Vietnam's trade ministry, which controls Sabeco, has just over a week to submit a divestment plan for the country's biggest brewer, a government report showed on Thursday.
The October 20 deadline set by Prime Minister Nguyen Xuan Phuc is a clear signal that the long-awaited state divestment in Saigon Beer Alcohol Beverage Corp (Sabeco) might happen this year after repeated delays.
Many foreign brewers have been looking at a possible investment in the maker of the Bia Saigon and 333 brews, since it was earmarked for privatisation. But long-stated plans for the government, which still owns about 90 percent, to sell a majority stake have met with repeated delays.
The plan to sell a stake in Sabeco by the trade ministry will be reviewed by Deputy Prime Minister Vuong Dinh Hue, who oversees economic and financial activities, before it is sent for a higher level of approval within the government.
After the government's approval, the trade ministry will prepare a prospectus for the sale, said Dang Quyet Tien, head of the finance ministry's corporate finance department.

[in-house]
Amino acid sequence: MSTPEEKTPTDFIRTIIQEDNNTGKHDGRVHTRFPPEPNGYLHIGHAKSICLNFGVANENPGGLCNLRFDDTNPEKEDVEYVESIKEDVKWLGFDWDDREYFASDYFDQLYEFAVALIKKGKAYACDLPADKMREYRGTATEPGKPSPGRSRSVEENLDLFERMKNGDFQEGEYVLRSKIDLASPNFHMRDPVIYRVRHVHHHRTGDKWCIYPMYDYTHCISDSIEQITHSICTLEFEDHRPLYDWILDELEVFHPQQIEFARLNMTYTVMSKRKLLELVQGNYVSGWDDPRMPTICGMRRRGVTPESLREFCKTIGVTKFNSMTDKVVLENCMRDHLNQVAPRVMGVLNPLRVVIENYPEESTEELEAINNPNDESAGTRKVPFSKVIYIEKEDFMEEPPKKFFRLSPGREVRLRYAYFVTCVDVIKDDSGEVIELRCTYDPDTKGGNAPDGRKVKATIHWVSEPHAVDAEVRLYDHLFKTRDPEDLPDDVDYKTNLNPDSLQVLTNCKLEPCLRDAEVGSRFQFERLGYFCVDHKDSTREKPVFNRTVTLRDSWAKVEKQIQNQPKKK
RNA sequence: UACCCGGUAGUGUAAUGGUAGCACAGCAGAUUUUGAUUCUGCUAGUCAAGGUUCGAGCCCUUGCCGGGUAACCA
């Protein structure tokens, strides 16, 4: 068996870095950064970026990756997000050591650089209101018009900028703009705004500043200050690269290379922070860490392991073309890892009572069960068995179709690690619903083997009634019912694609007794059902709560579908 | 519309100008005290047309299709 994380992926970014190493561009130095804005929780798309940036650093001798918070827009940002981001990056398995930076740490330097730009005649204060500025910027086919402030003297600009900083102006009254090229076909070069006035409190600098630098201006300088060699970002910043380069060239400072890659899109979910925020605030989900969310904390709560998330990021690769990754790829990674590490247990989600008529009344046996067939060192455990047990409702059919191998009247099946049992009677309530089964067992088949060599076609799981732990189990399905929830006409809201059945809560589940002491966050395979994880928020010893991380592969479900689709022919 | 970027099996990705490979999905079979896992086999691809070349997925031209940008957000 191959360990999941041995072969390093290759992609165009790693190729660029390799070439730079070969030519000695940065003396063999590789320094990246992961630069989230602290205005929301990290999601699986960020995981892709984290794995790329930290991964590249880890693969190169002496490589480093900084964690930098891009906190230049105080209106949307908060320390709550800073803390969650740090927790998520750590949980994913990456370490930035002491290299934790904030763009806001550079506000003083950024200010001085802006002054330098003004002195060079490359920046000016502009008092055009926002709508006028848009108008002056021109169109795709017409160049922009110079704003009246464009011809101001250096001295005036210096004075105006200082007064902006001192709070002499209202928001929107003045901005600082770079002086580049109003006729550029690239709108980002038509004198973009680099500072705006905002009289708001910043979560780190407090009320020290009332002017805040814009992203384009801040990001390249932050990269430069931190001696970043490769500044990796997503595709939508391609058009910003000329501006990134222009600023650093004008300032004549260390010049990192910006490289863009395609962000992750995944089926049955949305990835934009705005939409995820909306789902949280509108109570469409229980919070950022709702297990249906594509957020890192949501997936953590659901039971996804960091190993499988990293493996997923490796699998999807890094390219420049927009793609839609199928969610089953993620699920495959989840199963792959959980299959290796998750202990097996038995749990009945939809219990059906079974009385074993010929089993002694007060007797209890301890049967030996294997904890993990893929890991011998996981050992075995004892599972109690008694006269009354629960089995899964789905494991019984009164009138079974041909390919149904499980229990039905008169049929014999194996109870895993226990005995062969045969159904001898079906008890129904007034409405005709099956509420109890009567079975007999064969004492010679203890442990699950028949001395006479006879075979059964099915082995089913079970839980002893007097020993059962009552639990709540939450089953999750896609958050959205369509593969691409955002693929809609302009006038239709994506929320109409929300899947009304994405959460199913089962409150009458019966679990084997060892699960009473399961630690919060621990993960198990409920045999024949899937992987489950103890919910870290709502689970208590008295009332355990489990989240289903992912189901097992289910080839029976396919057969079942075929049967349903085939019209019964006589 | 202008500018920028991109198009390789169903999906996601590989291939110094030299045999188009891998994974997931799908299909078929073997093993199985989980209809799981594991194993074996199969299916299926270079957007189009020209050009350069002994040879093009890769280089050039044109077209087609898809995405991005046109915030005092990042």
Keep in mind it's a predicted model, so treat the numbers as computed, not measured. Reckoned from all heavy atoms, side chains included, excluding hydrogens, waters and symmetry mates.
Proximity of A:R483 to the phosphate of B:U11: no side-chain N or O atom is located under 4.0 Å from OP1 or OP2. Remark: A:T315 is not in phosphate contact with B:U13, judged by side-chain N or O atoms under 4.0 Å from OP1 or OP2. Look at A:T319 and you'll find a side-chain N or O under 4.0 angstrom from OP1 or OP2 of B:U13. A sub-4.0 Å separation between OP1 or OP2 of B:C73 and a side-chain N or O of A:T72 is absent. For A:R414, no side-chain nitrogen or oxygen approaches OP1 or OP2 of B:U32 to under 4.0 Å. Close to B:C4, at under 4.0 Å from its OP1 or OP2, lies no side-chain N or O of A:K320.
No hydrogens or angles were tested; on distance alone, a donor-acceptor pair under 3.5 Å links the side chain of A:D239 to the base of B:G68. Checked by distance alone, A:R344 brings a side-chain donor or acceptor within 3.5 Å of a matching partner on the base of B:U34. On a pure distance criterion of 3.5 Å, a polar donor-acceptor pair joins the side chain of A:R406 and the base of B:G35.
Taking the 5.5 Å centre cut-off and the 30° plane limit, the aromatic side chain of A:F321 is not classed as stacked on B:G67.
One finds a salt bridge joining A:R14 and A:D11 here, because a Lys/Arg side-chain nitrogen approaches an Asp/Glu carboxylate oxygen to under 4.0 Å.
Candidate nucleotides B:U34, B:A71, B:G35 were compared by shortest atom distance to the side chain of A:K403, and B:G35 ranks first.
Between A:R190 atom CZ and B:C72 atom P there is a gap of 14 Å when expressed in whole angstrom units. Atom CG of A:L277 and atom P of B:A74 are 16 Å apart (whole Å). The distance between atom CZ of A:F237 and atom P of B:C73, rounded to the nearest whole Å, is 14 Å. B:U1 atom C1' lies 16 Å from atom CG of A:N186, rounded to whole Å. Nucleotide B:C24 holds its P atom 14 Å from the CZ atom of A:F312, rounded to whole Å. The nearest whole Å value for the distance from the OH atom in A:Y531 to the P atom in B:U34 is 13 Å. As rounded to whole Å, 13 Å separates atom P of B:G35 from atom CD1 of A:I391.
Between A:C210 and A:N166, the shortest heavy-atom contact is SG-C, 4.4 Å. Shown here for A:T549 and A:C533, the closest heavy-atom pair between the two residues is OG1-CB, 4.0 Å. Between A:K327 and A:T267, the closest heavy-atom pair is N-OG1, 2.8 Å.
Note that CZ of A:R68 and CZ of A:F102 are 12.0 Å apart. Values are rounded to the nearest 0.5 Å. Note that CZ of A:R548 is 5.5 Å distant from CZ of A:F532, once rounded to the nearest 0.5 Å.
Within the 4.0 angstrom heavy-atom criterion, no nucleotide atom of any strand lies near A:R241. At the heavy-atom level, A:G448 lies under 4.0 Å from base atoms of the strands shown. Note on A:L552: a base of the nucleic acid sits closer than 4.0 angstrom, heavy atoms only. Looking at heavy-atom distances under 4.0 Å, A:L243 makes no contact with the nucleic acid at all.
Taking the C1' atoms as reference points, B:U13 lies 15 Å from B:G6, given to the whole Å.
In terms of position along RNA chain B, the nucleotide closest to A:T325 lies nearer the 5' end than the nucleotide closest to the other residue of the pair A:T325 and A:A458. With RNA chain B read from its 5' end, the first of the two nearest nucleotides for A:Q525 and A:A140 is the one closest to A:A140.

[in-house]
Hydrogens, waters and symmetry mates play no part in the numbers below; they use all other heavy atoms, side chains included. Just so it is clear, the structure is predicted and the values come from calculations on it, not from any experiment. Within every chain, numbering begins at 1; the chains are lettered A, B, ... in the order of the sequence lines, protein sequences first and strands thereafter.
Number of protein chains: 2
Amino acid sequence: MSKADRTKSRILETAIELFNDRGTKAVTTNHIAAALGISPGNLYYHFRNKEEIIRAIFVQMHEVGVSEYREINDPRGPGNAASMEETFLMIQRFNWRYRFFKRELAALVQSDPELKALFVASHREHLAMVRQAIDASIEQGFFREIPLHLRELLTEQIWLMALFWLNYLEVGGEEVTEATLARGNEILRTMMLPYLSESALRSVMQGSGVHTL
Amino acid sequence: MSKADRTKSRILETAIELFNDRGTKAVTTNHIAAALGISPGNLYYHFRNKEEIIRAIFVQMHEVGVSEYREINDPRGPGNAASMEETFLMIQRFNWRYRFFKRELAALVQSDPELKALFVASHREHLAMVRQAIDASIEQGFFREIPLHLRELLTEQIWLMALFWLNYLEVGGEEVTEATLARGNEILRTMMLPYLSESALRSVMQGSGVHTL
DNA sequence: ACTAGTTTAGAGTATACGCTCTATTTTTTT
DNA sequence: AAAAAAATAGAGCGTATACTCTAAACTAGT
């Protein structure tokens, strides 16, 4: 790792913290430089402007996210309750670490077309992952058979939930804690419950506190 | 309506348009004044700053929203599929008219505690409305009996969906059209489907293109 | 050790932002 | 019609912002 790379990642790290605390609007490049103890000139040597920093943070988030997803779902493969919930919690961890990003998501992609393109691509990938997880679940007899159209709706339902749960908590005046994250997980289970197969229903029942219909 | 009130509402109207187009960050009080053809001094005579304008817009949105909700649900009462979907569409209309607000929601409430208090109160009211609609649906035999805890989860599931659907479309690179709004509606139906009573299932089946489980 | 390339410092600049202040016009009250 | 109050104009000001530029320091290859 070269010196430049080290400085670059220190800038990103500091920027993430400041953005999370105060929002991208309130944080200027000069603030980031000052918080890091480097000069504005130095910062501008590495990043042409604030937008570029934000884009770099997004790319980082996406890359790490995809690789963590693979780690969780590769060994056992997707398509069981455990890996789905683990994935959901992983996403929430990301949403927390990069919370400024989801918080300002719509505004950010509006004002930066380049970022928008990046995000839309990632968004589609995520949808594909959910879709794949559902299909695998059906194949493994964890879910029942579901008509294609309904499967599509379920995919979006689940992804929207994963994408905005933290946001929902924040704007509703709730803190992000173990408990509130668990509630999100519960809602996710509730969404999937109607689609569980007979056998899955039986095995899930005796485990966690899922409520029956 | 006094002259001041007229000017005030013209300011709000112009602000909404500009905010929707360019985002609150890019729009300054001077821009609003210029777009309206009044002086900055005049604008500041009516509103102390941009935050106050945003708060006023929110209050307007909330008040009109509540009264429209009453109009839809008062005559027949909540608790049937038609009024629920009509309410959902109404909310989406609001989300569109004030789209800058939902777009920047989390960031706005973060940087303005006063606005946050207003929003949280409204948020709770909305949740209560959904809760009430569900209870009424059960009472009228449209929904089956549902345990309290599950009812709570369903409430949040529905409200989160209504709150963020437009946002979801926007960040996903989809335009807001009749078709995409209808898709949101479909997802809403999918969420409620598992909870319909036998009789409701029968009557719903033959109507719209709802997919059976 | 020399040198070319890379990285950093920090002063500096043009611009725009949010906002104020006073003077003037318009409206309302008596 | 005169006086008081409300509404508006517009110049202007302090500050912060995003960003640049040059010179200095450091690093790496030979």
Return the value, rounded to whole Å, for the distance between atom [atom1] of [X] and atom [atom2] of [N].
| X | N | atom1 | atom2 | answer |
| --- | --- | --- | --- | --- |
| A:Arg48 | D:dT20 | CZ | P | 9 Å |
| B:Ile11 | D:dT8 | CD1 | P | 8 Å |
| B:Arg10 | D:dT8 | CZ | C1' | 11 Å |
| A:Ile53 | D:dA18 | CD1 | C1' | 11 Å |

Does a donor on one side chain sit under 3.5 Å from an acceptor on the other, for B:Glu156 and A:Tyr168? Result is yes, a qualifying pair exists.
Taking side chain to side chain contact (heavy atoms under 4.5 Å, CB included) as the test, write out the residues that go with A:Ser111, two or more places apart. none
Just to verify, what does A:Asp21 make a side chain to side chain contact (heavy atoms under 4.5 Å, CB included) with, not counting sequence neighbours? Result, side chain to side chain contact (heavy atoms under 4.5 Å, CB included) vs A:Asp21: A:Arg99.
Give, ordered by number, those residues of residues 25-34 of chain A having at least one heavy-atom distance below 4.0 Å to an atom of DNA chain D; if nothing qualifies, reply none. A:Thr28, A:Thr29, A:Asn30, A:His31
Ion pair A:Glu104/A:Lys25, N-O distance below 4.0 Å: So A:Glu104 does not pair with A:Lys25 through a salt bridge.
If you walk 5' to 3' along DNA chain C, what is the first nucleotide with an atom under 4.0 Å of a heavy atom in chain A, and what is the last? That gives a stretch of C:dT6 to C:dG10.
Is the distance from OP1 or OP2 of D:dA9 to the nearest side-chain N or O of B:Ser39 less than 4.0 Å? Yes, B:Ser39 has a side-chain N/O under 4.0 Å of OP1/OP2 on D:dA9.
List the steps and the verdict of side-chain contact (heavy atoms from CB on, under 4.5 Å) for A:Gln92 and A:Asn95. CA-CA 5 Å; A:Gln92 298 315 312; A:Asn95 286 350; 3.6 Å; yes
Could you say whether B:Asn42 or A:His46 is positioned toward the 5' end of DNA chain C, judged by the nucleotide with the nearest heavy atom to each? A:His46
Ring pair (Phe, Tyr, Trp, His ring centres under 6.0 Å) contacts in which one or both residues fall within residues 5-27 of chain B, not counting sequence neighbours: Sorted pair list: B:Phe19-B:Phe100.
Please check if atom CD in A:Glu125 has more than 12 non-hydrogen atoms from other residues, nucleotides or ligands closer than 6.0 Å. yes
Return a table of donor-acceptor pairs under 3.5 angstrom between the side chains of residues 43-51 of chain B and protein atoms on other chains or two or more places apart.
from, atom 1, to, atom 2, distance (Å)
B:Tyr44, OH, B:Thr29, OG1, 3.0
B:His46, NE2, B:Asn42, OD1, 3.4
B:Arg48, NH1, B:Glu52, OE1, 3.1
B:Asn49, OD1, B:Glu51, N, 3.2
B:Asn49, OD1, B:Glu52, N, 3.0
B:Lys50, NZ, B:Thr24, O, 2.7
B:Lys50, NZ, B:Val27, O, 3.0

"The prime minister has agreed to sell 53.59 percent this year, but whether it can be sold this year, we don't know yet ... Several foreign beer firms including Kirin and Anheuser-Busch InBev said they have been in touch and are waiting," Tien told reporters earlier this week.
Vietnam has one of the world's most attractive beer markets and the biggest in Southeast Asia, thanks to a young population that consumed nearly 4 billion litres in 2016.
Vietnam's trade ministry, which represents the government's shares in Sabeco, has been working with advisers on various options for the stake sale. The government wants to fully divest from Sabeco and smaller brewer Habeco .
The government has been striving to trim its stakes in state-owned enterprises, many of which have low profitability, but the progress has been slow given the small sizes offered, sizeable state control and concerns about vested interests.
A spike in Sabeco's share price due to high demand and a small float has also complicated matters, making it difficult for industry buyers - including Heineken that already owns a 5 percent share - or other investors to step in.
The stock closed at 266,000 dong ($11.71) on Thursday, 140 percent above its December listing price of 110,000 dong.